ICD-10 and Workers’ Comp
With the uncertainty of MMSEA reporting penalties looming in the hearts and minds of insurance carriers when trying to decide what ICD-9 codes to report as related to their claims, I can’t help but wonder if they have an idea what happens on October 1, 2013. For those unfamiliar, ICD-9 codes identify the injury being reported; however there are only 18,000 codes total so as you can imagine, they do not get very specific to the circumstances of every injury. The other issue is that several different codes many be used to code similar conditions. While an individual may have suffered a lumbar sprain work injury, he may have been treating for a previous displacement in the same region but different level and they all get associated as related by CMS. If you over report, you may unintentionally take responsibility for more than your covered injury.
Well no more. When CMS officially switches to ICD-10 in 2013, it will have 140,000 codes to select from. We will now know exactly which level was involved, and unfortunately the location in which the injury occurred. Perhaps this will indirectly make great strides in combating WC fraud because we will be able to tell that a railroad worker’s injury was unlikely to have occurred during the course and scope when incurred on a squash court or in a hen house. When we question the compensibility of a water skiing professionals burn injuries, we will know that it happened while jumping through flaming hoops and most certainly related. If an animal bite is reported, we will know if it occurred at the hands of a turtle or any one of 72 types of birds.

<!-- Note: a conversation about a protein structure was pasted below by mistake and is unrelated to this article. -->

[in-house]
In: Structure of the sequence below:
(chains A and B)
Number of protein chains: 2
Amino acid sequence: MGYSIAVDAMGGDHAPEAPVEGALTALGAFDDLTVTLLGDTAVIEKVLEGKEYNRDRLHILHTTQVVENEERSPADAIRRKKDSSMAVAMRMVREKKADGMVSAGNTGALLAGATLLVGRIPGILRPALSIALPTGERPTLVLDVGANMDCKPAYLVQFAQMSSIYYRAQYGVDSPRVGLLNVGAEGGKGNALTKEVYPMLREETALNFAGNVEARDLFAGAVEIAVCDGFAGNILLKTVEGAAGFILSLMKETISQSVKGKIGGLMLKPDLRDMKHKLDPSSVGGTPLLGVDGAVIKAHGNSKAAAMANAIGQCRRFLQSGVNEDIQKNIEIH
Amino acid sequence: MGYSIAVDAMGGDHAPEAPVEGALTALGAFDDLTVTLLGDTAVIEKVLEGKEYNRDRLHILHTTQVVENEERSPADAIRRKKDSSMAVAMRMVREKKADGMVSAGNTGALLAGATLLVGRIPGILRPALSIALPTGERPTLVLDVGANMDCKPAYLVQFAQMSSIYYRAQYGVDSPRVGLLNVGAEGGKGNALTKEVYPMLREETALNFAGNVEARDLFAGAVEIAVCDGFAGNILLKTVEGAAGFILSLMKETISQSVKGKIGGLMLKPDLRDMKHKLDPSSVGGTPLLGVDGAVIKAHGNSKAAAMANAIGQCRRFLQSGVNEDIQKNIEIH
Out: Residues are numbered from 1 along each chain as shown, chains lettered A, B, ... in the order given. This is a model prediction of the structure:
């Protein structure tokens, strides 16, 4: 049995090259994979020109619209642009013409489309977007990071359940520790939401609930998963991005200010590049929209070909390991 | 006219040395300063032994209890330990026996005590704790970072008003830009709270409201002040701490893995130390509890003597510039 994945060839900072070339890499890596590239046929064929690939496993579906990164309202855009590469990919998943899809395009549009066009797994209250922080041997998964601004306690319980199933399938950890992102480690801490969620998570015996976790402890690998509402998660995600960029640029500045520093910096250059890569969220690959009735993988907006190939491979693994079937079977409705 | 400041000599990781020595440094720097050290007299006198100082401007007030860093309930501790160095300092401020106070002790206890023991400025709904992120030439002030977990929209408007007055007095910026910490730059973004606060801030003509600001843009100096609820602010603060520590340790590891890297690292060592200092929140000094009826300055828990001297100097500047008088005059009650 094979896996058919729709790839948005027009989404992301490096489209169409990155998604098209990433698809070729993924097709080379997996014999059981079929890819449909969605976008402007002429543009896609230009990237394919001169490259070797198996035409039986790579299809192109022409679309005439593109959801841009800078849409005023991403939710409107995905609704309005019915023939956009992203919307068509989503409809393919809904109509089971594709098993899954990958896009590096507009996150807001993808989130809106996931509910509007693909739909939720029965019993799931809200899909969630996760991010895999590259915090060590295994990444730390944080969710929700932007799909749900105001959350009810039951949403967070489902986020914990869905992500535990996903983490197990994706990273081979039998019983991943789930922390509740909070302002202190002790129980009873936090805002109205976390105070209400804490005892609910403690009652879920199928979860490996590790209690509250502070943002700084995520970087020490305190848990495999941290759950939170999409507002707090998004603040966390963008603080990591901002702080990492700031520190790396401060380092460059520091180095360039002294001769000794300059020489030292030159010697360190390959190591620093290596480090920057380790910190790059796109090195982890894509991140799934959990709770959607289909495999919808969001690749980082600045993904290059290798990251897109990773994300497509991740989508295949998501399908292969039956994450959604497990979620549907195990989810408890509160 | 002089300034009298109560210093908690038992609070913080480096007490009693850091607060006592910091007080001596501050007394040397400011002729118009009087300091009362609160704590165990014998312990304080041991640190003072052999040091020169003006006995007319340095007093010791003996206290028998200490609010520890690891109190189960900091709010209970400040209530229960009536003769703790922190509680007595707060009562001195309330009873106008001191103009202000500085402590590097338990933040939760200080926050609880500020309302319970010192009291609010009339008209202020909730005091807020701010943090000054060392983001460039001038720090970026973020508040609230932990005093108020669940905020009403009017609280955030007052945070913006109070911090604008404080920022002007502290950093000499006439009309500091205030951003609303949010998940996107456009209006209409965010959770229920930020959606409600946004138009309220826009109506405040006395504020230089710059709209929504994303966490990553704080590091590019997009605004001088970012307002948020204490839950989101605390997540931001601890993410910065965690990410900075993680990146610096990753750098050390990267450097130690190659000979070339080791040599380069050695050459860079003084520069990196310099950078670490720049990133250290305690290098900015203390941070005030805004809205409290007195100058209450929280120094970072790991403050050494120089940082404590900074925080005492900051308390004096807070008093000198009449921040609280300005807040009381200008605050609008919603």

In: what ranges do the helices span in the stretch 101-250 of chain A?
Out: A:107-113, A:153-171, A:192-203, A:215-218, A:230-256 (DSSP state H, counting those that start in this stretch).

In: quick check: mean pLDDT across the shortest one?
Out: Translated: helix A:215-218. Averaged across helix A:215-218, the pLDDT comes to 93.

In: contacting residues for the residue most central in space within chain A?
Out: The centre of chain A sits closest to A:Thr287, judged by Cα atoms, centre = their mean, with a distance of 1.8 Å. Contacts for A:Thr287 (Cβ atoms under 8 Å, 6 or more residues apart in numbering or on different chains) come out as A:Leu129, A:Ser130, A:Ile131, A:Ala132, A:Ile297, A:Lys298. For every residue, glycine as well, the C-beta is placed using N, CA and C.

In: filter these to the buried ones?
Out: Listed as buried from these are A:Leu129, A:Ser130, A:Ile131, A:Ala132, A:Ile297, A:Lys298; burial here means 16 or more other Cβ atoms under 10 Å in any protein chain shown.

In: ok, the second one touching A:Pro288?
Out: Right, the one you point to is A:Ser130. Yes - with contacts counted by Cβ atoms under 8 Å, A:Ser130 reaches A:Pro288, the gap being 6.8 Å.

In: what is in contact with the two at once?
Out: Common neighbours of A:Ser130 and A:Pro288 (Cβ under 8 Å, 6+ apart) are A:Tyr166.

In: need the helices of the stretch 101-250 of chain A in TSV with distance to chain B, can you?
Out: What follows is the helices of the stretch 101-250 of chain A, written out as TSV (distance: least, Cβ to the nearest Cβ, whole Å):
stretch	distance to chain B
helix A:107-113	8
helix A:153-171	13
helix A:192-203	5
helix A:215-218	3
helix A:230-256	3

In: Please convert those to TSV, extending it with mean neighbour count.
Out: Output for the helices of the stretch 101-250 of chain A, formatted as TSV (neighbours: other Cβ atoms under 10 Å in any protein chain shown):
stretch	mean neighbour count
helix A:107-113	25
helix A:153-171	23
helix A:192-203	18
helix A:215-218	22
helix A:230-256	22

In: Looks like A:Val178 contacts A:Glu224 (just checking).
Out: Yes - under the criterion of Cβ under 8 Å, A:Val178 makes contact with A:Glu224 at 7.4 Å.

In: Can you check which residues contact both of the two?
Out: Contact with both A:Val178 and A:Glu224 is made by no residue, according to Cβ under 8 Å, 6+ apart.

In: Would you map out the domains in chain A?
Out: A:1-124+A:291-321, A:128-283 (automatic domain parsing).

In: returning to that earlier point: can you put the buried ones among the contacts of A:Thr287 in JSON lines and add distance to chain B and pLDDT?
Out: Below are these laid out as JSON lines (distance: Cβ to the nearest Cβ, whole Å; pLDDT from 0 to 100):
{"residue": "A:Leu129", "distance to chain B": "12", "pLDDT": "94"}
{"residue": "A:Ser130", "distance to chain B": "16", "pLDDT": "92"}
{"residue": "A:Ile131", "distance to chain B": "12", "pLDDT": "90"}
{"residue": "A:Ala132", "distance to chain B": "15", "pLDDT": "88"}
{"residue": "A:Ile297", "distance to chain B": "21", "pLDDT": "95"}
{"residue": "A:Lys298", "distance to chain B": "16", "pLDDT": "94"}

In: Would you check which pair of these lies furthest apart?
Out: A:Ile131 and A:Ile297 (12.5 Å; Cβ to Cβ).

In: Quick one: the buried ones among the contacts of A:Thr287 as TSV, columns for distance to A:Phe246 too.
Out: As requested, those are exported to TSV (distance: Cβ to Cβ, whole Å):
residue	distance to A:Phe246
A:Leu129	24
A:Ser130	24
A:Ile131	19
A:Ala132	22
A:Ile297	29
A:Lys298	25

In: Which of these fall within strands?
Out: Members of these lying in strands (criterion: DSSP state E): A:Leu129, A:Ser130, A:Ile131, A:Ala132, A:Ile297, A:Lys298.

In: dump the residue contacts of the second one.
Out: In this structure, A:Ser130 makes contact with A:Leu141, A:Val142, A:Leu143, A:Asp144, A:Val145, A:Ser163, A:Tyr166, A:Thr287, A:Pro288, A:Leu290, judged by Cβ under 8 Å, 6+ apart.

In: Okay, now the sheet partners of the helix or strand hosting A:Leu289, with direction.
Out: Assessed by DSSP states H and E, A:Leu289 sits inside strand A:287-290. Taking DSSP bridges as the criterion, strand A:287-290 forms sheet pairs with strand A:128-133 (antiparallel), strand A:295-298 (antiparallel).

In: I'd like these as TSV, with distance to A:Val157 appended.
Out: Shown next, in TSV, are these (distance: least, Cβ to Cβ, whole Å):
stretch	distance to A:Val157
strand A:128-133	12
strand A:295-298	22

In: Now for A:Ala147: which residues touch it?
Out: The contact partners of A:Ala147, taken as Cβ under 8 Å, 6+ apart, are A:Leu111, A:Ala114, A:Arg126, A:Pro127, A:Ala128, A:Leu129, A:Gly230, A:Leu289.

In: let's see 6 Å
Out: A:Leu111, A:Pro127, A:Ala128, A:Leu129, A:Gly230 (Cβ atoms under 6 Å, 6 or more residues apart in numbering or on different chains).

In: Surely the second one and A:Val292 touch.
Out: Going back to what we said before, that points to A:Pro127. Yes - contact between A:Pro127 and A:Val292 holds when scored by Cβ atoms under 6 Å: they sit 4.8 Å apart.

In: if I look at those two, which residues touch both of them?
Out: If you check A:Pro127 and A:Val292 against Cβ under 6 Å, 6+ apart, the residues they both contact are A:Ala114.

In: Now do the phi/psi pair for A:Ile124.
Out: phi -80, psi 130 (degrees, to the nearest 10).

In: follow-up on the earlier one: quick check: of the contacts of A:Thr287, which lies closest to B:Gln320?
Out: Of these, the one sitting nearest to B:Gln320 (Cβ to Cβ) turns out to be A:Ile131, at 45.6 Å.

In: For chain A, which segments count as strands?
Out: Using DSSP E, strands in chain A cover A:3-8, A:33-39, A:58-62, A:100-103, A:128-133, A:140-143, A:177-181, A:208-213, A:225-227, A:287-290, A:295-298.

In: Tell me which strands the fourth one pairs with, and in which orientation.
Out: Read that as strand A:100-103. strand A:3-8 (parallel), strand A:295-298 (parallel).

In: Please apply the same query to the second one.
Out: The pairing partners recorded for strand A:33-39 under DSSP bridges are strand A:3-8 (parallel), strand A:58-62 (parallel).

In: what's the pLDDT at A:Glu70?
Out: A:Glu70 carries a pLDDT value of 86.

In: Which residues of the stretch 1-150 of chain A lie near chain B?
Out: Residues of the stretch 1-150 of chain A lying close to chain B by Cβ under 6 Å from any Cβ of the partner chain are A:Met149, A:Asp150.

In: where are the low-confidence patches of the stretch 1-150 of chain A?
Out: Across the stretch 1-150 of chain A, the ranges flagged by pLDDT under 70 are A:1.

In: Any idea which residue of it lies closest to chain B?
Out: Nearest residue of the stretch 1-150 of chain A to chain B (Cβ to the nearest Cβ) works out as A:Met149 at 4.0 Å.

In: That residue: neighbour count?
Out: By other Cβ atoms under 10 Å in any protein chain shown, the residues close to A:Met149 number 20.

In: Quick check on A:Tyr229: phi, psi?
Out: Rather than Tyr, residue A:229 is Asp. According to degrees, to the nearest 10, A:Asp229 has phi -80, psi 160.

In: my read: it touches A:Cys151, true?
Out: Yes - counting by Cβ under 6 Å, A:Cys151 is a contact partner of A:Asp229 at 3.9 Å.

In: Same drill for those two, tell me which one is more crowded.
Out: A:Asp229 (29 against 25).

Oh what fun this will be…
For more entertainment, see the following Wall Street Journal article: